Given the events that occurred on April 1, 2021 with Mr. Magdaleno and UPD I hope that it brings the community at large to understand that we are desperately in need of a transformation in mental health services and crisis response. Families have no help when someone they love is experiencing paranoia, delusions and psychosis; we have to manage it on our own and when it becomes dangerous we only have the police to rely on in a very volatile situation. You pray that the officers coming to help can manage a mental health situation with care and dignity and avoid any sort of conflict. Luckily for me I have experienced numerous positive interactions with Ukiah’s police officers that I am very grateful for. 

When police have to be called they listen to understand what is occurring even if they cannot intervene. Mental Illness Crisis is a life-threatening situation for the people experiencing it and possibly for those responding to help. This sort of crisis requires understanding, compassion with quick and knowledgeable action. If you are lucky you will not be witness to a loved one’s struggle with psychosis and paranoia and the scary behaviors that can cause a threat to their life or your own. 

I had to have four officers come to my house back in September to help my son — they came with one crisis worker, which was a miracle because after 9 months of this crap that was the first-time crisis came into the field to help! However, it was the police officers who shined in their handling of a very intense mental health crisis. The four officers were respectful, calm and managed the situation with understanding and compassion.

It was executed perfectly. My experience with Ukiah Police Department has been very good, I only had one incident that was unacceptable and infuriating. But if you let go of the anger you then see there is more at play than one entity causing the traumatic events that occur. That incident would not have happened if someone from RCS Crisis would have came to my house and done a mental health assessment. But since they were too busy we got jail instead of psychiatric help because officers did not do a mental health evaluation! 

So, it is a complete system failure since mental health does not respond to crisis calls! When we are blaming the entire police department for conduct based on something we witnessed via the internet but have no actual knowledge of, are we helping or making things worse? We really need to stop with our opinions and try to understand the whole picture, things are not always as they seem. Then ask the right questions to the right people, you know the ones making the rules and decisions!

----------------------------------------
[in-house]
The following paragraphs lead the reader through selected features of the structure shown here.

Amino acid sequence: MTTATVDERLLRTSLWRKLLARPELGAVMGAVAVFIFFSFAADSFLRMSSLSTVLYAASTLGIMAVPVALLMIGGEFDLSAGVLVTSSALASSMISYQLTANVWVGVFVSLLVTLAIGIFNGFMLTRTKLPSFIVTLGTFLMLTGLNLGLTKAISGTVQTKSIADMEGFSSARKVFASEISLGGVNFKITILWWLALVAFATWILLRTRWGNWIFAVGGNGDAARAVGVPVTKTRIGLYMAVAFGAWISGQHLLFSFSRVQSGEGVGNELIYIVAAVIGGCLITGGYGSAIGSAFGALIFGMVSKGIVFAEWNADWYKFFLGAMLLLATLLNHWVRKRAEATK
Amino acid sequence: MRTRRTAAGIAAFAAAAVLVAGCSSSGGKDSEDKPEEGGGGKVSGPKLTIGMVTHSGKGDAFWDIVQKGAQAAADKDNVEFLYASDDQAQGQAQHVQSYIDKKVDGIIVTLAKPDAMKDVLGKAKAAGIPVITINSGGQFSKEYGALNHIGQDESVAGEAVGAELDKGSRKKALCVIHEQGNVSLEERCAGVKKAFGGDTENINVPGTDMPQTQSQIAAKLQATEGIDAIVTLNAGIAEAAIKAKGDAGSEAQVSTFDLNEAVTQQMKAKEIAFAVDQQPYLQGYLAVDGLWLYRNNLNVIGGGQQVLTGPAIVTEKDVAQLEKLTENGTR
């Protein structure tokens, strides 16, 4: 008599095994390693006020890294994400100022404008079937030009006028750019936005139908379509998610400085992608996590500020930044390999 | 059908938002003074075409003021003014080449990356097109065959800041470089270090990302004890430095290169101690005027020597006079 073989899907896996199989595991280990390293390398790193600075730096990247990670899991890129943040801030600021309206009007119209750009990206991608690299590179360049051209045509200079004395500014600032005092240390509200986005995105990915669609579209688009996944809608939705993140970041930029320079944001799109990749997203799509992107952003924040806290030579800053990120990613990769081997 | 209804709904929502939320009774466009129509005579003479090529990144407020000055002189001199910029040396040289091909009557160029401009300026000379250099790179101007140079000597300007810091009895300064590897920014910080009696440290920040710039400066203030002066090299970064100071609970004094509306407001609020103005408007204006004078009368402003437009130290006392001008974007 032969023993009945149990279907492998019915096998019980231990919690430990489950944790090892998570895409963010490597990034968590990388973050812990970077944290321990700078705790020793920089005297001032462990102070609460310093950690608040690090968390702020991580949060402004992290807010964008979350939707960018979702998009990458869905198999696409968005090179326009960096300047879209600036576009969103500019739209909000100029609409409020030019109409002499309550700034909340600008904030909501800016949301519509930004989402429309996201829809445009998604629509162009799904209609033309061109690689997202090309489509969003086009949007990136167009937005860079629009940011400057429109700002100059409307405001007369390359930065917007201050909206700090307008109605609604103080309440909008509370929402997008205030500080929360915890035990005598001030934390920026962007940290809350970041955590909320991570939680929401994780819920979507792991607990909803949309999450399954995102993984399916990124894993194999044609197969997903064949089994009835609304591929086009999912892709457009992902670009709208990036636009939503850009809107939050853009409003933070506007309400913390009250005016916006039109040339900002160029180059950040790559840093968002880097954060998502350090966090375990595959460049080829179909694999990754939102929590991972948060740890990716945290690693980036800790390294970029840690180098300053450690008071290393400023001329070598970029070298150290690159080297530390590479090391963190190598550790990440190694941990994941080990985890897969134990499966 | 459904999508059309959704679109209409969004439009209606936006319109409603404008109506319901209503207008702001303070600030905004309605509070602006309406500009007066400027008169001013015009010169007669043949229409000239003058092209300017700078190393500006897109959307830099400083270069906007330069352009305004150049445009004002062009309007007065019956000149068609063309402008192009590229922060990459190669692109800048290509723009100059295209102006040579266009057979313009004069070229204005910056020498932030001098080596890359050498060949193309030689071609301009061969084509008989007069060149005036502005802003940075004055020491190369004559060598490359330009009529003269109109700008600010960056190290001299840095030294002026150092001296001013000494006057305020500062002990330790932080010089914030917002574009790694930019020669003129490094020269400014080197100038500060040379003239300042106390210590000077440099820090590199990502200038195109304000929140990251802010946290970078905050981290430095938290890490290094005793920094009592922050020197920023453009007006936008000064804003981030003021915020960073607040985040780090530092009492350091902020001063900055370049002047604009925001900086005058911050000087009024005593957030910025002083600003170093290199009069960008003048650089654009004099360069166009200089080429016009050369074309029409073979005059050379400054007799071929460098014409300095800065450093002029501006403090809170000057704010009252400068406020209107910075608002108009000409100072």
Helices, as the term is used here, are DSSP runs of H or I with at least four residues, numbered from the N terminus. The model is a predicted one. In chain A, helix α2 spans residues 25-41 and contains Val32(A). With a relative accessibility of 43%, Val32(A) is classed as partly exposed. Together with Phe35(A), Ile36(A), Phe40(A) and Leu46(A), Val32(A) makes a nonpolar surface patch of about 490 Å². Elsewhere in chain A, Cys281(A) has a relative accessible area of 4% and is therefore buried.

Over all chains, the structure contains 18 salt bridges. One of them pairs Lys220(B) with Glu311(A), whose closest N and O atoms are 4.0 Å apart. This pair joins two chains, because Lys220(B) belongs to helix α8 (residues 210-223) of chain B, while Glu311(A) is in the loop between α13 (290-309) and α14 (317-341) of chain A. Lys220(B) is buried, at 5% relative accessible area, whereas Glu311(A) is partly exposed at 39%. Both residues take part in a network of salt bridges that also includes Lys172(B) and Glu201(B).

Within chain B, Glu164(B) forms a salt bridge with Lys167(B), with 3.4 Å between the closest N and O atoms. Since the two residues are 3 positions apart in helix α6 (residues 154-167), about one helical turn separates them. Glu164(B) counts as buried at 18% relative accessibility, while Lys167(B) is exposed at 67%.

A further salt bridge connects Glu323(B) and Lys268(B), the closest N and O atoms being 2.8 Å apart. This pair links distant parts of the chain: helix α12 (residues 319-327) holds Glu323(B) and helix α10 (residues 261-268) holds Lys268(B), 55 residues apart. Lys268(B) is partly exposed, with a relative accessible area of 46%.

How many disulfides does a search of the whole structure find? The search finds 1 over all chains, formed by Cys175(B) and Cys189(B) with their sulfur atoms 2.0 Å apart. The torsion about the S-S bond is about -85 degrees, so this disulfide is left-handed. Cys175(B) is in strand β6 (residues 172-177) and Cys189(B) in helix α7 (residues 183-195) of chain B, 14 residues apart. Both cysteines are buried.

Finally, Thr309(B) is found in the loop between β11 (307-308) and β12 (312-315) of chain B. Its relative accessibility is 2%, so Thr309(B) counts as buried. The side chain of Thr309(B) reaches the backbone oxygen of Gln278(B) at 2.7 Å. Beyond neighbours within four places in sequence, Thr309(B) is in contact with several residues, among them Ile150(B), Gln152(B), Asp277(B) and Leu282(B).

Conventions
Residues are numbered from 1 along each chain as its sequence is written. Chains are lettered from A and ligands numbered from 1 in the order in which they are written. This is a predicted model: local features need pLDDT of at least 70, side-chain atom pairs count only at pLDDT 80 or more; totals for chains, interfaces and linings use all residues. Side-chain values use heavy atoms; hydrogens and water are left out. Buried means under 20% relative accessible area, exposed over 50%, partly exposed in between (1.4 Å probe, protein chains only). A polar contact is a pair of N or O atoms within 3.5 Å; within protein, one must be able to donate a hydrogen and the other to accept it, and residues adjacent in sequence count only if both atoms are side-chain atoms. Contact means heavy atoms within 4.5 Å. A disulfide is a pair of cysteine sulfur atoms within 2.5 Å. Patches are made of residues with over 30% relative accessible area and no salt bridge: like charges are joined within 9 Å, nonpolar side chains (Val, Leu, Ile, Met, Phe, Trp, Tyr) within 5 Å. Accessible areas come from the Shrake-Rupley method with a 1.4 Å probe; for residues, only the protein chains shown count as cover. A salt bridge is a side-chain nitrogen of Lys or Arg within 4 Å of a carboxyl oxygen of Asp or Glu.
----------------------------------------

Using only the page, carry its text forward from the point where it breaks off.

We have a police department that is really good and the Chief of Police has integrity he does the right thing, he shows up, he stands up and is accountable and transparent! That is a blessing which means we can move forward. If you are bothered by the inadequate response to mental health crisis, then speak up; do not anger or blame. Trust me, I have done my share of that. My point is don’t judge. Let’s work to understand and advocate for change, ask the right questions and fix the system. Families like mine need to speak up and demand adequate treatment! You cannot fight against change you must work with it, understand it, mold it, evolve it into a live working system!

In the case of what occurred with Mr. Magdaleno, I am disturbed more at the system as a whole than what transpired that day. If you are going to speak up against a certain condition or response to something you cannot use the same action that causes the condition. Such as violence. You are not solving violence when you react with violence! The problem is most people do not realize the violent nature of the words they speak, words are the propeller of action! 

Access to medications and proper support from service providers could have prevented the whole ordeal with Mr. Magdaleno’s mental crisis. It is of vital importance to look at and understand the bigger picture. We can all react with anger and opinions but that is not solving the fundamental problems in these mental health crisis situations. We need a direct approach to prevention and intervention that does not require police to be the service providers for mental health crisis issues. 

Prevention begins with building relationships, that should be the goal of the mental health providers, they need to build trust with patients and their families, they leave families out due to HIPAA, but families are the lifeline, if you are lucky enough to have one. The mobile crisis unit is a great concept and I am all for it. Families need to be able to get help, appropriate dignified help. Hopefully we can make that a great resource and not just a band aid to cover the wounds; they are deep. I would love to see the mobile crisis unit provide a family advocate to do the necessary follow up so that connection to services is made and hopefully maintained.

Mazie Malone


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After all is said and done

Black lives do matter

Jim Luther